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Posted: Mar 16, 2011

Important funding for Canadian nanomedicine research to improve diagnosis and treatment

(Nanowerk News) Seven new research projects on regenerative medicine and nanomedicine received $16 million in funding. The studies, co-funded by the Canadian Institutes of Health Research (CIHR) and the Canadian Space Agency (CSA), were announced today at the University of Toronto by Dr. Colin Carrie, Member of Parliament for Oshawa; Dr. Jane Aubin, Scientific Director of the Canadian Institutes of Health Research Institute of Musculoskeletal Health and Arthritis; Mr. Gilles Leclerc, Director General, Space Exploration at the Canadian Space Agency; and Professor Peter Lewis, Associate Vice President (Research) at the University of Toronto.
"The Government of Canada is proud to support regenerative medicine and nanomedicine projects that will translate into improved health for Canadians," said Dr. Carrie. "The knowledge that emerges from these research projects could also have wide ranging social and economic benefits."
"CIHR is delighted to partner with the Canadian Space Agency to support research aimed at developing technologies and approaches to improve patient outcome," said Dr. Aubin.
"The research projects announced today seek to offer new therapies and approaches to treat illnesses and diseases, and ultimately offer better quality of life for patients and their families."
Research on nanomedicine and regenerative medicine is designed to prevent disease and improve human health. Nanomedicine delivers medical technologies that detect or function at the molecular level to diagnose and treat disease, while regenerative medicine stimulates the renewal of bodily tissues and organs or restores function through natural and bioengineered means. Various innovations in these areas have helped combat vascular diseases, cancer, diabetes, multiple sclerosis and other chronic diseases. By promoting research in these areas, CIHR and CSA will be moving Canada to the forefront of modern medical research.
"By working together, CIHR and the CSA are supporting scientific research and innovations that have applications for health care on earth and in space and provide real benefits for Canadians," said Mr. Leclerc. "Our hope is that cutting-edge diagnostic tools will improve astronaut health in space and be adapted for the early detection and treatment of disease here on earth."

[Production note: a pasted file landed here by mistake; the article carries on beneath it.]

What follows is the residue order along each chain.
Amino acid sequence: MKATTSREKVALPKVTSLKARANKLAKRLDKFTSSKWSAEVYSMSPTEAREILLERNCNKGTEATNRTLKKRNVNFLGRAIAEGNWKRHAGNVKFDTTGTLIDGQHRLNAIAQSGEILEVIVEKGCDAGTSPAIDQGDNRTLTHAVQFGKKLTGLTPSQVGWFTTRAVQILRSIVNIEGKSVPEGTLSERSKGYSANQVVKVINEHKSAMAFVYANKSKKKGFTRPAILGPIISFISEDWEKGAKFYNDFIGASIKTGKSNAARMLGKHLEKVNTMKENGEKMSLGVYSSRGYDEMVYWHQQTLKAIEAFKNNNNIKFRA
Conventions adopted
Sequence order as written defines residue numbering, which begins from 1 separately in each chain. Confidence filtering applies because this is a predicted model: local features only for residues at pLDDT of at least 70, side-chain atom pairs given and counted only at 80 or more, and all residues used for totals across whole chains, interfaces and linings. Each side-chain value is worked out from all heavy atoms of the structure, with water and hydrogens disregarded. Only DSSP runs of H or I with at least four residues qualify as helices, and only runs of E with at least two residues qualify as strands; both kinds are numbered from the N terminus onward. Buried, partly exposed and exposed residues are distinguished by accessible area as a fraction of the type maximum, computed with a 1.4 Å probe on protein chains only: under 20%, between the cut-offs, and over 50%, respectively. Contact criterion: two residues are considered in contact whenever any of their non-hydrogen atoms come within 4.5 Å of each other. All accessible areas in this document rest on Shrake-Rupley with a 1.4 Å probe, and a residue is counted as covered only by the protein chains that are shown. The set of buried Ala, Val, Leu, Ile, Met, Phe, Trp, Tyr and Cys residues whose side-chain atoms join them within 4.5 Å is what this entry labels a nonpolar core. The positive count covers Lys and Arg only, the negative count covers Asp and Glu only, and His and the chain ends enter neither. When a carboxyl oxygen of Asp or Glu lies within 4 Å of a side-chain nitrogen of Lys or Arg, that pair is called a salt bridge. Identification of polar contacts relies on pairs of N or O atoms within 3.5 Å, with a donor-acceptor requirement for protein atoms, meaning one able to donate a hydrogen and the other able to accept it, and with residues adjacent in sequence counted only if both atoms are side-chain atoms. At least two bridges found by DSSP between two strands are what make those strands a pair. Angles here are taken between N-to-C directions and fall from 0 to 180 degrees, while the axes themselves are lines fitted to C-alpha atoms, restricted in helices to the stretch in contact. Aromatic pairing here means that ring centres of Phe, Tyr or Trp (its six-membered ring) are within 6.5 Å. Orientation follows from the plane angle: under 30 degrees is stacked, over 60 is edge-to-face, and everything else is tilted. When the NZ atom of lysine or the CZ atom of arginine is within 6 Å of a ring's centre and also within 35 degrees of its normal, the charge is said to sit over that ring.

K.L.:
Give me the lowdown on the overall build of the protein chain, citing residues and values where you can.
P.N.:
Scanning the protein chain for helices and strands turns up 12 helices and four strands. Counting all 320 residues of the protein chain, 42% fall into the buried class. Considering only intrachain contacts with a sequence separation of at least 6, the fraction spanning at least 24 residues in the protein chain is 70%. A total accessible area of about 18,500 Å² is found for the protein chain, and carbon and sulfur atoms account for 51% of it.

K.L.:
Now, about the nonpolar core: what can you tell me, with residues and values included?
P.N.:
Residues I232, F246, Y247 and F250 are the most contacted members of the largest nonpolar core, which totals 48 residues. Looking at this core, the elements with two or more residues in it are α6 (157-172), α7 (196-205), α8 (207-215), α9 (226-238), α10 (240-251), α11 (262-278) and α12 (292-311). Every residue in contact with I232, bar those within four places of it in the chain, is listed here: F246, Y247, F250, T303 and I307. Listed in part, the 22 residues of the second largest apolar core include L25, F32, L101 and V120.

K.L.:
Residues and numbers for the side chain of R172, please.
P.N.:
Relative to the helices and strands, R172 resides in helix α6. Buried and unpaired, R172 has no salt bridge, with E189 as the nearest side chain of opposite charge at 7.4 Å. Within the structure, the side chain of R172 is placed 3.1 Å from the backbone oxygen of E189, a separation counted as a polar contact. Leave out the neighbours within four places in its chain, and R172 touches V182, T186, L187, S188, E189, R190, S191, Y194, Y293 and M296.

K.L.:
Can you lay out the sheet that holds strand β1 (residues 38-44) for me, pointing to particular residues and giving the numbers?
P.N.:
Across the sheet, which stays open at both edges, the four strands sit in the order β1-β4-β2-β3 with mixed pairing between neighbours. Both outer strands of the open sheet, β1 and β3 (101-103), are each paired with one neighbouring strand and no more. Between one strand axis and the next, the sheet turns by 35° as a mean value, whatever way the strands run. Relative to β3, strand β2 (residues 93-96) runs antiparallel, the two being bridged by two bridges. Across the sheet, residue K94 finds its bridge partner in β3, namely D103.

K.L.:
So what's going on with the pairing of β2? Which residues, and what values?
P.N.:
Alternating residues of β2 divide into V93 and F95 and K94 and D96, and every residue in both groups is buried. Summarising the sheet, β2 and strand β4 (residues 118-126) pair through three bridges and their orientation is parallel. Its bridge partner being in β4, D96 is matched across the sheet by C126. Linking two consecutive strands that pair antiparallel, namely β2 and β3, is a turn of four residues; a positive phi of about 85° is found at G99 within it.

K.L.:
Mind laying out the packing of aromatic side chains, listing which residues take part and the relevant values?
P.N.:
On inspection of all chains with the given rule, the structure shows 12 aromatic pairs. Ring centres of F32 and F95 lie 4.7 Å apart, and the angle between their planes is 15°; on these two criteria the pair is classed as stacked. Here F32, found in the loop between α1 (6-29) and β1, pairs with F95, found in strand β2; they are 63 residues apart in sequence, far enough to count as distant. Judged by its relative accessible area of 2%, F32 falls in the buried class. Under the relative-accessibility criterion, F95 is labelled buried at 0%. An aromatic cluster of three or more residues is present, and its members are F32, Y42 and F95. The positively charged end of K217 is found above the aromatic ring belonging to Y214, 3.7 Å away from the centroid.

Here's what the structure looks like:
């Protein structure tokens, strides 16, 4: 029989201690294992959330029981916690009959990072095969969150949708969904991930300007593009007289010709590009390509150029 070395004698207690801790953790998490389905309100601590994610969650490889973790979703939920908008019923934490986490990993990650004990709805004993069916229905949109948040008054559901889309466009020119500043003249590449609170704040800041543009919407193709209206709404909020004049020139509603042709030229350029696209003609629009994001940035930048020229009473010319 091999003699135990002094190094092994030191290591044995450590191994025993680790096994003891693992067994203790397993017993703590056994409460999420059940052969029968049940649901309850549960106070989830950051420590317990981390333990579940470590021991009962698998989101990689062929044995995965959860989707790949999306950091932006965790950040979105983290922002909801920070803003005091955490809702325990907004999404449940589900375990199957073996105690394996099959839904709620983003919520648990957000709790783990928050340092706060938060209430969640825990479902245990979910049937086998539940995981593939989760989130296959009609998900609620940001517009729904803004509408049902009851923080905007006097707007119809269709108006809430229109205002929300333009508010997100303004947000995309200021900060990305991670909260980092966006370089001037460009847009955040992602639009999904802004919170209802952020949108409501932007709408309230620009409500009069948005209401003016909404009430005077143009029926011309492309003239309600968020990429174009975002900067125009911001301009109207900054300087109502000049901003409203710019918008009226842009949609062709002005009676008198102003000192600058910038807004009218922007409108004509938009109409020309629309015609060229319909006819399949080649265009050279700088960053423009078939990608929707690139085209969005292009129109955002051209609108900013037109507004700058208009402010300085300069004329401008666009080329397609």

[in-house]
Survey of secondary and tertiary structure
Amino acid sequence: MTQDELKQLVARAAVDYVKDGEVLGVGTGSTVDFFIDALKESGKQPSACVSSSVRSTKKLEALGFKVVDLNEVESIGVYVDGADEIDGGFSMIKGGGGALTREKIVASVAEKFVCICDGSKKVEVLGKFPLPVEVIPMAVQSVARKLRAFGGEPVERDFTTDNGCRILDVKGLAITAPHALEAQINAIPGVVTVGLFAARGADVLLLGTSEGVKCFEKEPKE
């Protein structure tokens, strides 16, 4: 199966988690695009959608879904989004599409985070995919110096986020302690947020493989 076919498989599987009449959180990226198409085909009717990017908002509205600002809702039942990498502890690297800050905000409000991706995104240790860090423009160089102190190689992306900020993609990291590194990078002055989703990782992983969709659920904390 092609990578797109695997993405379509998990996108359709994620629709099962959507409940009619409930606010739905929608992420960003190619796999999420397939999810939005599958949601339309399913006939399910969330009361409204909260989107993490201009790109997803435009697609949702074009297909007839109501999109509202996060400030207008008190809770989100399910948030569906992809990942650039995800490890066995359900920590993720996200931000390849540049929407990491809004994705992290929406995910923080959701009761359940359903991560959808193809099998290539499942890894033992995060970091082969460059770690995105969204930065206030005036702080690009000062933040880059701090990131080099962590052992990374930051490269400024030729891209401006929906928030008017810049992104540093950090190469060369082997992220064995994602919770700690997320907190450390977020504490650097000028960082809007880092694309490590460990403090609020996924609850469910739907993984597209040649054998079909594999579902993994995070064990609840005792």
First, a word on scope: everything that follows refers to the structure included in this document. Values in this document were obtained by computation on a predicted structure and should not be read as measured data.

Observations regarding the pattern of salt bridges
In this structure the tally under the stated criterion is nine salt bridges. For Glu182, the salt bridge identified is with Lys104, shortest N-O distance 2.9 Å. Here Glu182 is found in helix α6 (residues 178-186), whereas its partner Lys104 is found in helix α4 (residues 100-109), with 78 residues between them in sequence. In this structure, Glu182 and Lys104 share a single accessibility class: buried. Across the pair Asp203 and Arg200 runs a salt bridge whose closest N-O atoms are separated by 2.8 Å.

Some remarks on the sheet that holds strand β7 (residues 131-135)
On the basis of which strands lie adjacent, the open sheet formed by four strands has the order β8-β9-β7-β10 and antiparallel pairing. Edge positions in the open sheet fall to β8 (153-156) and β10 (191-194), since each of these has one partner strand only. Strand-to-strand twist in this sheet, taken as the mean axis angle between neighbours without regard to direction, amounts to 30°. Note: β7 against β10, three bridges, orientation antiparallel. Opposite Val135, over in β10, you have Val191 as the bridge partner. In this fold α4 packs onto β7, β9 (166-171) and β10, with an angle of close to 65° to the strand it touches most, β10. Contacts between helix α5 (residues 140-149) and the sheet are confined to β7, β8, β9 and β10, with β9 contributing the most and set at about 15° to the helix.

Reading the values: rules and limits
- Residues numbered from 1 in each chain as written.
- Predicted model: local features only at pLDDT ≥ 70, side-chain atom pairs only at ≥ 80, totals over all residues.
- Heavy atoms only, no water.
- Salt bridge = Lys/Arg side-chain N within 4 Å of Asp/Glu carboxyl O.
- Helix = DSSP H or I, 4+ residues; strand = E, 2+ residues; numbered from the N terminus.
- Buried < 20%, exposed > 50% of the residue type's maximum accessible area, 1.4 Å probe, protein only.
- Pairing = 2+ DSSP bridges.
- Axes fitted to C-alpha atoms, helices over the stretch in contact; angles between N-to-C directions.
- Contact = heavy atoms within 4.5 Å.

"We congratulate the talented researchers who are leading the projects and believe their work on integrating new technologies into health research holds the potential to dramatically change the way we diagnose and treat diseases," said Professor Lewis.
The projects underwent a rigorous and competitive peer review process and were selected according to international standards of scientific excellence.
This funding will enable researchers to potentially:
  • Identify microlesions in multiple sclerosis, using a new tool for quantifying the cause of the disease and how well a treatment is working, Dr. Daniel Côté, Université Laval;
  • Create personalized nanomedicines that silence cancer-causing genes, Dr. Petier Cullis, University of British Columbia;
  • Develop microchip-based devices to analyze prostate cancer markers in blood, Dr. Shana Kelley, University of Toronto;
  • Generate transplantable, insulin-producing cells from stem cells for diabetes, Dr. Timothy Kieffer, University of British Columbia;
  • Develop innovative sensorimotor rehabilitation approaches for patients with spinal cord injuries or stroke, Dr. Serge Rossignol, Université de Montréal;
  • Study how novel therapeutic interventions can regenerate blood vessels, Dr. Michael Sefton, University of Toronto; and,
  • Develop nanotechnology-enabled image-guided methods of diagnosing and treating lung cancer and vascular diseases, Dr. Gang Zheng, University Health Network.
  • Source: Canadian Institutes of Health Research
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